Moreover, in order for an instrument imposing a restriction to include a statement that it is intended to benefit a particular parcel of land, it would be necessary for the instrument to include a description of the benefited parcel. Accordingly, an interpretation that requires an adjoining parcel to be the subject of a statement of intended benefit would render superfluous the language in the statute referring to an adjoining parcel separately from land that is described in the instrument imposing the restriction. See Commonwealth v. Woods Hole, Martha's Vineyard & Nantucket S.S. Authy., 352 Mass. 617, 618 (1967) (statute should be interpreted so that none of its words is rendered superfluous).

Finally, we observe that the legislative history of the statute reflects that the introduction of a requirement for a statement of intended benefit in the instrument imposing a restriction occurred with reference to nonadjoining properties and to parties to the instrument imposing the restriction, and offers no suggestion that it was intended to impose such a requirement on adjoining properties (which were specified to have enforcement rights from the earliest versions of the proposed statute). See Brear, 447 Mass. at 74-75. Furthermore, while the overarching purpose of the statute was to modify the common law in order to provide greater clarity and certainty on the question of who is entitled to seek enforcement of restrictions on the use of land, our interpretation of the statute — conferring enforcement rights on owners of adjoining parcels at the time enforcement is sought — does not derogate from that purpose, since the identification of parcels adjoining any parcel of restricted land at any time of attempted enforcement is susceptible of certain determination.

Conclusion. The judgment of the Superior Court is affirmed insofar as it affirmed the decision of the board and dismissed the plaintiffs' claims of breach of contract and misrepresentation. The judgment is reversed insofar as it concluded that the plaintiffs are without standing to enforce the restrictions imposed in the 684*684 deed of June 16, 2000. The matter is remanded to the Superior Court for further proceedings on the effect of the deed restrictions on Gray Wolf's proposed use.

So ordered.

[1] Patricia Rosenfeld, and Ellen Rosenfeld, as trustee of the Ellen Realty Trust.

[2] Gray Wolf Development Corporation, Michael J. Salvador, and William R. Therrien.

[3] The plaintiffs also direct one paragraph of their brief to their claim that the motion judge incorrectly dismissed their claims for breach of contract and misrepresentation. We affirm the judgment on both counts; as the motion judge correctly observed, the parties' agreement contains no representation of the sort claimed by the plaintiffs, and no agreement by Gray Wolf to limit its use of the property to a single-family residence.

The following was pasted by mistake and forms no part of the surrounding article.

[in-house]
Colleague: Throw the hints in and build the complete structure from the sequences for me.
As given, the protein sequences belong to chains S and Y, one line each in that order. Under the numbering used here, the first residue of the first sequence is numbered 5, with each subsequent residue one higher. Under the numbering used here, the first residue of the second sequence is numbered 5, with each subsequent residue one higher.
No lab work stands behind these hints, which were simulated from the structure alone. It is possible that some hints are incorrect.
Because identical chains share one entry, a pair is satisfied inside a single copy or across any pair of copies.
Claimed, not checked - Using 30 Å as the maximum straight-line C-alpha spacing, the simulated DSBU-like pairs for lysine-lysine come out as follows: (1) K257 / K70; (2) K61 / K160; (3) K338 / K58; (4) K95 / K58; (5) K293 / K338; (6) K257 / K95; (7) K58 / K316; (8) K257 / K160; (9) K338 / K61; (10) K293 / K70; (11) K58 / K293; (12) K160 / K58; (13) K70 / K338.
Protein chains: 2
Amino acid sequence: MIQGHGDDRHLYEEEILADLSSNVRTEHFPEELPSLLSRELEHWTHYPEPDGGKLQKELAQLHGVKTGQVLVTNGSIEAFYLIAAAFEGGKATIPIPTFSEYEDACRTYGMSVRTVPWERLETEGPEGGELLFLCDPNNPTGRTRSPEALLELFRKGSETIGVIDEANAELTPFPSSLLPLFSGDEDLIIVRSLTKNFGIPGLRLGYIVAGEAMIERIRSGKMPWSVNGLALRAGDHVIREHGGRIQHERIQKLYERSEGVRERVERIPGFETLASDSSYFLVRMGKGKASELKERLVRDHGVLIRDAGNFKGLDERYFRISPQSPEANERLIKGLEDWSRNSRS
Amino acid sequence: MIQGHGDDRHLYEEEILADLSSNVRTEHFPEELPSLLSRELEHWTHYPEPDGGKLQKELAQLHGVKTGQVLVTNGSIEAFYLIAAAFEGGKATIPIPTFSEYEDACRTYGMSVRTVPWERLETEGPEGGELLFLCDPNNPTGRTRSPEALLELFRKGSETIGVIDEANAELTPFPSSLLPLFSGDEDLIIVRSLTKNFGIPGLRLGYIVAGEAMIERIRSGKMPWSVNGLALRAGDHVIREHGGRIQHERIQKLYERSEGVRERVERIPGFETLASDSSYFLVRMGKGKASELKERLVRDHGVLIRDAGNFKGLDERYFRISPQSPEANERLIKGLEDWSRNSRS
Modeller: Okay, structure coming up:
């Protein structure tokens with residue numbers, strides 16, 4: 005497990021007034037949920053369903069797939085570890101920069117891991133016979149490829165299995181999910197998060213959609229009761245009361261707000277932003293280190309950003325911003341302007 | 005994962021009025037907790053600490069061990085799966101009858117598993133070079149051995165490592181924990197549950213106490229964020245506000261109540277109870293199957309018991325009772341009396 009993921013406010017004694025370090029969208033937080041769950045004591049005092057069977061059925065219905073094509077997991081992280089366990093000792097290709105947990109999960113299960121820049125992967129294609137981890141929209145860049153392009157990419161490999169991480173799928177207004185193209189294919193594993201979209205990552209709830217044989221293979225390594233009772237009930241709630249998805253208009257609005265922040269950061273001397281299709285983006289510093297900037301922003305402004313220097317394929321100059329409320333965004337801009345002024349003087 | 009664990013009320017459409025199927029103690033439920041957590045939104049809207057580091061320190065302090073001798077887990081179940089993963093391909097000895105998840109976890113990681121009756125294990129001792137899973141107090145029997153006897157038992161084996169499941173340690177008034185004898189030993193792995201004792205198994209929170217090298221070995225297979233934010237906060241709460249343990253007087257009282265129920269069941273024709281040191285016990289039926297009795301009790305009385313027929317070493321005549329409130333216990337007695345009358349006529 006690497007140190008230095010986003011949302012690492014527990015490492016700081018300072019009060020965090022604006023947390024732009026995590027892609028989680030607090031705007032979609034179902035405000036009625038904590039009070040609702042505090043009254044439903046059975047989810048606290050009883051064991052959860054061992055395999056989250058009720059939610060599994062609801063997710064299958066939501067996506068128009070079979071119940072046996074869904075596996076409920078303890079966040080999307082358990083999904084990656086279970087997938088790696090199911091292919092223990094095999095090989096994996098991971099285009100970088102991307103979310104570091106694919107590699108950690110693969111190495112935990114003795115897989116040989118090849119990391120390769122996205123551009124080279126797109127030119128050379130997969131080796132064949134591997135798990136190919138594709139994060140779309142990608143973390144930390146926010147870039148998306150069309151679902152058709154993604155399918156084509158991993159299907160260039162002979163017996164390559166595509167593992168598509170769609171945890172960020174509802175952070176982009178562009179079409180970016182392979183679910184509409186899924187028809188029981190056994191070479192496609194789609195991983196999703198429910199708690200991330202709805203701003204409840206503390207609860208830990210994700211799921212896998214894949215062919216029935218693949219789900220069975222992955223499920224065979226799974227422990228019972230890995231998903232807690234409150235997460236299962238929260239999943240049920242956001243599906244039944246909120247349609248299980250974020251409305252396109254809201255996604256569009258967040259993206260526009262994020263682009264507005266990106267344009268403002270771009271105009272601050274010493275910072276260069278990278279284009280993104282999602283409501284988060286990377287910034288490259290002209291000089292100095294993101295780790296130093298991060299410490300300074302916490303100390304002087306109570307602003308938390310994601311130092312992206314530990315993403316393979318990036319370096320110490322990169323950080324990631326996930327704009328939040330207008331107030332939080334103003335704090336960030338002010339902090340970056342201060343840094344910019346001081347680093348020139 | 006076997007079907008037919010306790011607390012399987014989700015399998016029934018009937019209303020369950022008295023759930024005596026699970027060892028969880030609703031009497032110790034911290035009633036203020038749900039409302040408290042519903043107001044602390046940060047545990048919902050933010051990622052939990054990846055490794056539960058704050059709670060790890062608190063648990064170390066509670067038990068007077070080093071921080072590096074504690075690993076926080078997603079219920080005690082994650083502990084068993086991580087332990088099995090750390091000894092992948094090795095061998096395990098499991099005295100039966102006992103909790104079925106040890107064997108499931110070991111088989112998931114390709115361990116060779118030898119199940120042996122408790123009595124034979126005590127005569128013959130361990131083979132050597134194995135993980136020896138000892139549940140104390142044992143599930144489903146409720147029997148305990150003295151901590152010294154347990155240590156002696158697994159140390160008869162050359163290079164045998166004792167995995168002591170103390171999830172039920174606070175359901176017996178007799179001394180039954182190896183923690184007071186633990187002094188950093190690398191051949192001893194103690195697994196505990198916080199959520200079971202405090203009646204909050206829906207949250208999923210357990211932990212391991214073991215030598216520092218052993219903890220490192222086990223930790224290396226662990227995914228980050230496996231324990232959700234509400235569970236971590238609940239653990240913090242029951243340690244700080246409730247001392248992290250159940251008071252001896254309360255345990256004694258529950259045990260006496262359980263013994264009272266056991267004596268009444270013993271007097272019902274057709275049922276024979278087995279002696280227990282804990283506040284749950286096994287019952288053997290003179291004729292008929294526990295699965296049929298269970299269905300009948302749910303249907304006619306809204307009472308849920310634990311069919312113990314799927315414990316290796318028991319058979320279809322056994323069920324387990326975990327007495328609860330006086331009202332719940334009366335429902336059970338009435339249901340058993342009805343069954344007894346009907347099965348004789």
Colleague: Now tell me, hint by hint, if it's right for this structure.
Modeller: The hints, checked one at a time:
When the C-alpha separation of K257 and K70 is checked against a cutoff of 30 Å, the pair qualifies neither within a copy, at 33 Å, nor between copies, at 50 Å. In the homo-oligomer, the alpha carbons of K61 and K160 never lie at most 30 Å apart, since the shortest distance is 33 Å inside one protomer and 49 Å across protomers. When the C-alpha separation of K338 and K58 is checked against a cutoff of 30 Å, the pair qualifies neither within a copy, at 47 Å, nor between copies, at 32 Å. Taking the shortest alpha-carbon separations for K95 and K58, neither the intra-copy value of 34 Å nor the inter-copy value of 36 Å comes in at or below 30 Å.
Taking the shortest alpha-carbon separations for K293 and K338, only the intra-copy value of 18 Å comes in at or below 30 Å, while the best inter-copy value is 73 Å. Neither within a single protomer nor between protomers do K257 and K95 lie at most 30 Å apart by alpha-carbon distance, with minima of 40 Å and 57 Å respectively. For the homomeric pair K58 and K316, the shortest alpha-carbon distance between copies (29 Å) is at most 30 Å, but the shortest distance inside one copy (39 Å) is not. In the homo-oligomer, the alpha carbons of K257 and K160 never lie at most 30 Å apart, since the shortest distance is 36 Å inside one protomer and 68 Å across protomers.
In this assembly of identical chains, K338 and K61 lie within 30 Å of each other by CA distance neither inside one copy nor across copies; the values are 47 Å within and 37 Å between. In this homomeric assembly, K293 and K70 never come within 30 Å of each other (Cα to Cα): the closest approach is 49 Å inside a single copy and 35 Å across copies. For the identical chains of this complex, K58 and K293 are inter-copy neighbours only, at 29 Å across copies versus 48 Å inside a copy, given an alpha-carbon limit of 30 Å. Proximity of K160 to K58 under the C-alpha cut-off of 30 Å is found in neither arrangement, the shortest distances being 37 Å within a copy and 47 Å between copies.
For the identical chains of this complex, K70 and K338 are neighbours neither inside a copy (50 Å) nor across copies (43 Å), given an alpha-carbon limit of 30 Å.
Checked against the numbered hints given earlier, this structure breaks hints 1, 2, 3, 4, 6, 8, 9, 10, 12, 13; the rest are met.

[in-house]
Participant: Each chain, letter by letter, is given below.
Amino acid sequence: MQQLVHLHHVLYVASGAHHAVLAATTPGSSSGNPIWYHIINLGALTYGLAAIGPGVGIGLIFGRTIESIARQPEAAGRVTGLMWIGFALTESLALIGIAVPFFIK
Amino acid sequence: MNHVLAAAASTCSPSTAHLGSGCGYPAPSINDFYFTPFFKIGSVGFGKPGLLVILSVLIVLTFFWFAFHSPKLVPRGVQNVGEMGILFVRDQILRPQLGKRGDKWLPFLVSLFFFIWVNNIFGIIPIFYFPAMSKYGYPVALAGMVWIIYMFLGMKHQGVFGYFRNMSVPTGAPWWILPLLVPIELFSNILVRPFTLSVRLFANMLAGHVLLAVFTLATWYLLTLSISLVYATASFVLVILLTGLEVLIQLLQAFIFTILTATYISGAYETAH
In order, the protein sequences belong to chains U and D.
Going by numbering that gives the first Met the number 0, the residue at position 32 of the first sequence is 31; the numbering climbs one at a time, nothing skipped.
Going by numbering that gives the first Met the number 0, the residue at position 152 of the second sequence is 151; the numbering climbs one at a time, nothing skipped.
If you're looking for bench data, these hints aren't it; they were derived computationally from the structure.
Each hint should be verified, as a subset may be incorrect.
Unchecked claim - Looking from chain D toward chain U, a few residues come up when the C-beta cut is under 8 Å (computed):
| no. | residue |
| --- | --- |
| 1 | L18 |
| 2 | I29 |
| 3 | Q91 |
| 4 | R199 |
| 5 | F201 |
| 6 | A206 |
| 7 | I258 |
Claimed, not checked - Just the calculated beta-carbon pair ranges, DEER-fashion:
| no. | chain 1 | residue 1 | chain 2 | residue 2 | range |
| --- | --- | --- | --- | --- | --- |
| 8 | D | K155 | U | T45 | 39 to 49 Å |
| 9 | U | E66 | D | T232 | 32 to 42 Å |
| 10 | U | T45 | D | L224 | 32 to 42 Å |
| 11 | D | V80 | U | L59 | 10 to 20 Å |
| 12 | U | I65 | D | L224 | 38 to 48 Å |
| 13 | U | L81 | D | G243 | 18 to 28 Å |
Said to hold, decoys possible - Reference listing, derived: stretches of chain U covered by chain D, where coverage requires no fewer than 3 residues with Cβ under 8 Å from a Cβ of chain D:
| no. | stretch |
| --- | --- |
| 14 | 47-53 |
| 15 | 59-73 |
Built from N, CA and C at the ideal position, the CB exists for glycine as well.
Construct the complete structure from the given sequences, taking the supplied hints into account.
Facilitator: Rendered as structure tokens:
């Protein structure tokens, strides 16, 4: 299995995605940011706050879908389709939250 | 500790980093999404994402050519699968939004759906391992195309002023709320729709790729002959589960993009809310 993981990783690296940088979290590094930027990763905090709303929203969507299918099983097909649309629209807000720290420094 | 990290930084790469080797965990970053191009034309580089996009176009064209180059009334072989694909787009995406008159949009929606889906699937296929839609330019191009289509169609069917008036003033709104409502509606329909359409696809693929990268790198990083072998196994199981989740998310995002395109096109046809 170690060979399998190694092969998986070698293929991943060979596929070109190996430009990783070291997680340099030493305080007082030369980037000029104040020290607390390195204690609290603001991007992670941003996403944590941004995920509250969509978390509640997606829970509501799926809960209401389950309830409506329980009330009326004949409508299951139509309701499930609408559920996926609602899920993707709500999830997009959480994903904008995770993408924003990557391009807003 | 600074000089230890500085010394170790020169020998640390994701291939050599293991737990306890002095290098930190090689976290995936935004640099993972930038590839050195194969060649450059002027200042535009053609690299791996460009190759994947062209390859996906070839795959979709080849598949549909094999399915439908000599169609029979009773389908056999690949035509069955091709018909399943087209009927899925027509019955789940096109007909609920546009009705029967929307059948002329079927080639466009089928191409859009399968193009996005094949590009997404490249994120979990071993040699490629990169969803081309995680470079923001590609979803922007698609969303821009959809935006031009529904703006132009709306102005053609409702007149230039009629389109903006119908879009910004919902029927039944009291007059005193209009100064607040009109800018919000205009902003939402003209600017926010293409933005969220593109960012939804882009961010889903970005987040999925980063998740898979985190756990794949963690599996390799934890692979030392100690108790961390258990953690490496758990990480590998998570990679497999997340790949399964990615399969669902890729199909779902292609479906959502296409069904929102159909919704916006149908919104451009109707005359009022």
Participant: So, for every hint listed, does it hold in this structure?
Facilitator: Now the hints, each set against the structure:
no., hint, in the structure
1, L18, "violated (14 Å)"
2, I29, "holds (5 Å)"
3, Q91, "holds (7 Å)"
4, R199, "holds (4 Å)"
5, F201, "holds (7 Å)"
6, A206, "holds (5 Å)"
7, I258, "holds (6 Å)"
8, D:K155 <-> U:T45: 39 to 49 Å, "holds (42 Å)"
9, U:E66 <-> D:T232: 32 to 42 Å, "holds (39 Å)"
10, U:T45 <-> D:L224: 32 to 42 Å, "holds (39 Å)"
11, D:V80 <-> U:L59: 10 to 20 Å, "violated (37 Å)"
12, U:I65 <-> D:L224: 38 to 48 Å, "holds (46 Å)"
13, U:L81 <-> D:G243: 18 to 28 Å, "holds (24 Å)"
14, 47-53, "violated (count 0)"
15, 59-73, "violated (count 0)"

[4] In an earlier proceeding, a judge of the Land Court concluded that the second variance had lapsed. As we shall discuss, the plaintiffs contend that the Land Court judge was incorrect in that conclusion, but the present case does not require us to consider the question.

[5] General Laws c. 40A, § 3, as amended through St. 1994, c. 276.

[6] In response to an invitation by the motion judge at the hearing on the motion for summary judgment, the plaintiffs submitted a supplemental memorandum, in which they asserted that Gray Wolf's proposed use would cause problems of traffic safety, create undesirable noise, and cause degradation of air and water quality. However, the plaintiffs submitted no evidence to substantiate such assertions, instead citing merely the absence of any studies or evidence before the board to negate such concerns.

[7] In response to a question at oral argument, the plaintiffs acknowledged that they did not request a continuance pursuant to Mass.R.Civ.P. 56(f), 365 Mass. 825 (1974), to develop additional evidence to support their position.

[8] In their complaint, the plaintiffs asserted that the board was without authority to grant a special permit for the proposed use as an agricultural use under G. L. c. 40A, § 3. However, as the Land Court judge correctly observed, Gray Wolf's proposed use did not simply rely on the use of existing structures but called for the erection of new structures. Accordingly, the board's use of the special permit procedure was appropriate. See Prime v. Zoning Bd. of Appeals of Norwell, 42 Mass. App. Ct. 796, 802 (1997).

[9] The property owned by the plaintiff in Brear did not adjoin the restricted property.

[10] General Laws c. 184, § 27, as amended by St. 1969, c. 666, § 4, reads in pertinent part as follows:

"No restriction imposed after December thirty-first, nineteen hundred and sixty-one shall be enforceable:

"(a) unless the person seeking enforcement (1) is a party to the instrument imposing the restriction and it is stated to be for his benefit or is entitled to such benefit as a successor to such party, or (2) is an owner of an interest in benefited land which either adjoins the subject parcel at the time enforcement is sought or is described in the instrument imposing the restriction and is stated therein to be benefited...."